Expand the protected area network to effectively protect IBAs. Effectively resource and manage existing and new protected areas, utilising emerging opportunities to finance protected area management with the joint aims of reducing carbon emissions and maximizing biodiversity conservation. Conservation on private lands, through expanding market pressures for sound land management and preventing forest clearance on lands unsuitable for agriculture, is also essential (Soares-Filho et al. 2006). Campaign against proposed changes to the Brazilian Forest Code that would lead to a decrease in the width of the areas of riverine forest protected as Permanent Preservation Areas (APPs), which function as vital corridors in fragmented landscapes.

References
Bird, J. P.; Buchanan, J. M.; Lees, A. C.; Clay, R. P.; Develey, P. F.; Yépez, I.; Butchart, S. H. M. 2011. Integrating spatially explicit habitat projections into extinction risk assessments: a reassessment of Amazonian avifauna incorporating projected deforestation. Diversity and Distributions: doi: 10.1111/j.1472-4642.2011.00843.x.

del Hoyo, J.; Elliott, A.; Christie, D. 2003. Handbook of the Birds of the World, vol. 8: Broadbills to Tapaculos. Lynx Edicions, Barcelona, Spain.

Soares-Filho, B.S.; Nepstad, D.C.; Curran, L.M.; Cerqueira, G.C.; Garcia, R. A.; Ramos, C. A.; Voll, E.; McDonald, A.; Lefebvre, P.; Schlesinger, P. 2006. Modelling conservation in the Amazon basin. Nature 440(7083): 520-523.

Stotz, D. F.; Fitzpatrick, J. W.; Parker, T. A.; Moskovits, D. K. 1996. Neotropical birds: ecology and conservation. University of Chicago Press, Chicago.

Further web sources of information
Explore HBW Alive for further information on this species

Search for photos and videos, and hear sounds of this species from the Internet Bird Collection

Text account compilers
Butchart, S., Ekstrom, J., Khwaja, N., Symes, A.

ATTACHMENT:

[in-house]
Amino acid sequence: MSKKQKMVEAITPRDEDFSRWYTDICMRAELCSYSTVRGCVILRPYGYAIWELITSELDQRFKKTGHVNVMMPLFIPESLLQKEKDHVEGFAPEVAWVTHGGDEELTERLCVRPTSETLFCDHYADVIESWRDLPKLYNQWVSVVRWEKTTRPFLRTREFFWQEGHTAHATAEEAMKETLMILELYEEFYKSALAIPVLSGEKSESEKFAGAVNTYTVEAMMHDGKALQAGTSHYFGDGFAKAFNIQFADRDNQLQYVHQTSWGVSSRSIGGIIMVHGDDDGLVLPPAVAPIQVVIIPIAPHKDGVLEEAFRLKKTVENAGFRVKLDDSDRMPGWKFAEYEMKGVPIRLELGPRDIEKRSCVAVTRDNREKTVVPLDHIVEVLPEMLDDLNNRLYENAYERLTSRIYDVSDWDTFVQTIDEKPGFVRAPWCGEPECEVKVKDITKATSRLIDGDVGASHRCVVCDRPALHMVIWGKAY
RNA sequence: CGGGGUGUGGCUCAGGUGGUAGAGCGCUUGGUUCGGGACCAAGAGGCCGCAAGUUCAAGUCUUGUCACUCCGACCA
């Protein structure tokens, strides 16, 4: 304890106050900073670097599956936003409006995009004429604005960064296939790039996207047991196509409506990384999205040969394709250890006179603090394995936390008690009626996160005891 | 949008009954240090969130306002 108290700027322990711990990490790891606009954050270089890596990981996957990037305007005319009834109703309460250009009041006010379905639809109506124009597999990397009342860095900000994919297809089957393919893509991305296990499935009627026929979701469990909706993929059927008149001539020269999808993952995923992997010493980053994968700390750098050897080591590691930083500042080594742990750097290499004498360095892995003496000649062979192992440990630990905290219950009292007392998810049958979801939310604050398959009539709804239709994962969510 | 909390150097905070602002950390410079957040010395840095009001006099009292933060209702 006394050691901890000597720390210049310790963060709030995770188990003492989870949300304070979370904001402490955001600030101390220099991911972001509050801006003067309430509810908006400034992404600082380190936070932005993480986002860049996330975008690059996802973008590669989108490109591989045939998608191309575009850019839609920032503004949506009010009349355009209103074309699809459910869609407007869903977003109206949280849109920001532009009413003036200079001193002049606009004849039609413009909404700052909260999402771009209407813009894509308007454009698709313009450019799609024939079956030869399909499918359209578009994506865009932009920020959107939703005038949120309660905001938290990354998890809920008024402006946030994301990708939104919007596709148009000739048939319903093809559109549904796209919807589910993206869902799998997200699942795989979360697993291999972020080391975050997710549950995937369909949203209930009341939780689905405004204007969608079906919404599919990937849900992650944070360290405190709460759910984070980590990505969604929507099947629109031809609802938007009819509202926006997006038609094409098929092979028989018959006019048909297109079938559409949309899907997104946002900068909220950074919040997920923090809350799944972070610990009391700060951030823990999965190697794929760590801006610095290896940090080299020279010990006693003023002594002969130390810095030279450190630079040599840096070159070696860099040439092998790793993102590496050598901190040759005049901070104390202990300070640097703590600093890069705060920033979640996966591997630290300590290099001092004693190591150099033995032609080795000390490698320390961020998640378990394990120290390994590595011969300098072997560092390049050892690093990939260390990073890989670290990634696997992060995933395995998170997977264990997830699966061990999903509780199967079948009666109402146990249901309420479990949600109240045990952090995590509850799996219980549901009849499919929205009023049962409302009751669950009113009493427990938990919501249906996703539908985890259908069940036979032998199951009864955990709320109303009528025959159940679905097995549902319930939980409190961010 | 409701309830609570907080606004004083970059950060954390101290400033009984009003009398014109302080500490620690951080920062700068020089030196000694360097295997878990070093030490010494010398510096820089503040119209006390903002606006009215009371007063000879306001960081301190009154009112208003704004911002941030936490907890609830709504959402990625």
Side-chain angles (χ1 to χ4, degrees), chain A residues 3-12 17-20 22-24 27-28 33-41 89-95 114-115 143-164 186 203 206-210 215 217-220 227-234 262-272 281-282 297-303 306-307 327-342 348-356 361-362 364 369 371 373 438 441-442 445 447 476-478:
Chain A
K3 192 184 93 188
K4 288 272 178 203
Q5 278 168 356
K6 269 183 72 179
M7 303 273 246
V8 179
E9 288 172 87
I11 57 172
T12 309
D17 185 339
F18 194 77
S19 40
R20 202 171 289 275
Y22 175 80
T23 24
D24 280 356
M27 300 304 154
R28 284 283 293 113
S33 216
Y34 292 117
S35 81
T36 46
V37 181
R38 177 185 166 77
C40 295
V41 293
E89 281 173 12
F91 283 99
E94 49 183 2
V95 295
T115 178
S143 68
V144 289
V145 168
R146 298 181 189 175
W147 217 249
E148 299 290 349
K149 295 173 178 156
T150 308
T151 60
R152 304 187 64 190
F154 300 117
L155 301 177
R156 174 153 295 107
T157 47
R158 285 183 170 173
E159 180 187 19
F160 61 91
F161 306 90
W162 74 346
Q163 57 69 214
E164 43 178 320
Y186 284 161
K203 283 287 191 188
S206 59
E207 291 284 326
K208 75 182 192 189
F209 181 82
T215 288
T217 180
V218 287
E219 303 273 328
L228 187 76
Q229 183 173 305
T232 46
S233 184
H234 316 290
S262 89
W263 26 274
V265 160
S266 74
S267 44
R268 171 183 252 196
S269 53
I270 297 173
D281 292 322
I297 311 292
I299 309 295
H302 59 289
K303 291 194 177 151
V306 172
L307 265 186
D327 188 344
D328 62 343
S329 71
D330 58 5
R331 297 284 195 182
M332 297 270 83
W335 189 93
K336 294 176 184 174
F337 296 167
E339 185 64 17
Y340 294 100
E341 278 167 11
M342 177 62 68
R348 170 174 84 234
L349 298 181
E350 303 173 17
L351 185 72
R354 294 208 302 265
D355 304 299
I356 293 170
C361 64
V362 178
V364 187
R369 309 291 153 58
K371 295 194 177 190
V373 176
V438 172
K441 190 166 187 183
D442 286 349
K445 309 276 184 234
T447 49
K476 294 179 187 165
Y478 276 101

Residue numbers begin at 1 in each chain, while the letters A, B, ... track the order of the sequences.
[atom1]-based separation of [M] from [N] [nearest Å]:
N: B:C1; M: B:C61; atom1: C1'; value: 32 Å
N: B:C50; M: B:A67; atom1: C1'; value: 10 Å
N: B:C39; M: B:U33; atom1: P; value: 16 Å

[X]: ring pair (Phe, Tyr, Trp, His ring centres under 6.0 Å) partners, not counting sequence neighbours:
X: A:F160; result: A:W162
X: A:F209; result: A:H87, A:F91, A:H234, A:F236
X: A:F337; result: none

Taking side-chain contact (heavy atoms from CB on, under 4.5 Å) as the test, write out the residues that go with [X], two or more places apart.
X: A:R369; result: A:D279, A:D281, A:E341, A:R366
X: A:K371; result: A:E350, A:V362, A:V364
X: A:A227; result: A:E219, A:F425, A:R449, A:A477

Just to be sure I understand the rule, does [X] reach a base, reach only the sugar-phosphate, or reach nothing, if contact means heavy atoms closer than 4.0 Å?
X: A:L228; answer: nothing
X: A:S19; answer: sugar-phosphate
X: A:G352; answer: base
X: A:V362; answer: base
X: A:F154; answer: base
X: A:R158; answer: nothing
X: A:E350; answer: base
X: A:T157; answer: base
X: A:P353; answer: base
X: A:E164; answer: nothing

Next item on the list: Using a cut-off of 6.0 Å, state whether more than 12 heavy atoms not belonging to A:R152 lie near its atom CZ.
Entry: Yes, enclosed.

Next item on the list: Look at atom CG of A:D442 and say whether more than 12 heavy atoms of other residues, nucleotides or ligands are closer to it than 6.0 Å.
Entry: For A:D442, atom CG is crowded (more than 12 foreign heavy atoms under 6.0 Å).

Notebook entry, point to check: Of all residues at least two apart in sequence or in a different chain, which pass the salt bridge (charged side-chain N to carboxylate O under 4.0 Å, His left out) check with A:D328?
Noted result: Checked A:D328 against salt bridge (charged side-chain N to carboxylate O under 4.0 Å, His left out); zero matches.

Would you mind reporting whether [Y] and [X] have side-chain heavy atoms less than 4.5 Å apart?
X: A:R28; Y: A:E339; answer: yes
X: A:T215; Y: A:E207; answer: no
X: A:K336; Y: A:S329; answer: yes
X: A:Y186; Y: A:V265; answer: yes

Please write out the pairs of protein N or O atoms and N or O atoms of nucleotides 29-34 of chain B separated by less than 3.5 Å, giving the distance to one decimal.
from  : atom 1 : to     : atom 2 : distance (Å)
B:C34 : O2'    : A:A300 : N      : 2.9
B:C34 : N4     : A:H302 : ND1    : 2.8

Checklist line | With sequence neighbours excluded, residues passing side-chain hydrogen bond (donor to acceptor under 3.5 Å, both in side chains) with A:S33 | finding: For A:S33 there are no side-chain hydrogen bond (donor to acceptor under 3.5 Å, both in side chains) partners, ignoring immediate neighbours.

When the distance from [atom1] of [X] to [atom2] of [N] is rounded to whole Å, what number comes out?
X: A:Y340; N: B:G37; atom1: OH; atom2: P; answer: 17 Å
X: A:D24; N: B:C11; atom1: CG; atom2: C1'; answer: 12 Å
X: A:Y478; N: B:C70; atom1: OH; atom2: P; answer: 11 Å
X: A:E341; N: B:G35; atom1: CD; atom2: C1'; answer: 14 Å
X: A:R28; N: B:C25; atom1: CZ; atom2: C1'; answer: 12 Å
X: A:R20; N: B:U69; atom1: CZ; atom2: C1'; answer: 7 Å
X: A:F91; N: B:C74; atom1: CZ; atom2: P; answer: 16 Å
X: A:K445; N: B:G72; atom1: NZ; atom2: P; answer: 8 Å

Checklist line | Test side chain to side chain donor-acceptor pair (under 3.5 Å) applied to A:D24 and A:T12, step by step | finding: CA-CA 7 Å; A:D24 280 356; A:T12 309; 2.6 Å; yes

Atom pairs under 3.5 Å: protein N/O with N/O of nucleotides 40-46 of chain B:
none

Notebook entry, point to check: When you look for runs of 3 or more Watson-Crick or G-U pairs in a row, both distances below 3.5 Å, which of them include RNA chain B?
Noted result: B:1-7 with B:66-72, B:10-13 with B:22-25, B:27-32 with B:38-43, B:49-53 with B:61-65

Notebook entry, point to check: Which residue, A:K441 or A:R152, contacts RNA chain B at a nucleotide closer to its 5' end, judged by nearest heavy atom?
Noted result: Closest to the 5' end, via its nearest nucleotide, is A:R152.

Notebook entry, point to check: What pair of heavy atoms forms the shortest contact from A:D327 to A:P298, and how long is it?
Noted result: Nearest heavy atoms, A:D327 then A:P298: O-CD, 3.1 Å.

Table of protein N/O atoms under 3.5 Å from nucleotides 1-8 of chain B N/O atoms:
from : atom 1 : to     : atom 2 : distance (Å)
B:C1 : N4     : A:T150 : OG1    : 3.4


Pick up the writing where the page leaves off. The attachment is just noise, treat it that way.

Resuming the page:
Contributors
Lees, A.

IUCN Red List evaluators
Butchart, S., Taylor, J.

Recommended citation
BirdLife International (2014) Species factsheet: Dendrocolaptes hoffmannsi. Downloaded from http://www.birdlife.org on 19/09/2014. Recommended citation for factsheets for more than one species: BirdLife International (2014) IUCN Red List for birds. Downloaded from http://www.birdlife.org on 19/09/2014.

This information is based upon, and updates, the information published in BirdLife International (2000) Threatened birds of the world. Barcelona and Cambridge, UK: Lynx Edicions and BirdLife International, BirdLife International (2004) Threatened birds of the world 2004 CD-ROM and BirdLife International (2008) Threatened birds of the world 2008 CD-ROM. These sources provide the information for species accounts for the birds on the IUCN Red List.

To provide new information to update this factsheet or to correct any errors, please email BirdLife

To contribute to discussions on the evaluation of the IUCN Red List status of Globally Threatened Birds, please visit BirdLife's Globally Threatened Bird Forums.

Key facts
Current IUCN Red List category Vulnerable
Family Dendrocolaptidae (Woodcreepers)
Species name author Hellmayr, 1909
Population size Unknown mature individuals
Population trend Decreasing
Distribution size (breeding/resident) 863,000 km2
Country endemic? Yes
Links to further information
- Additional Information on this species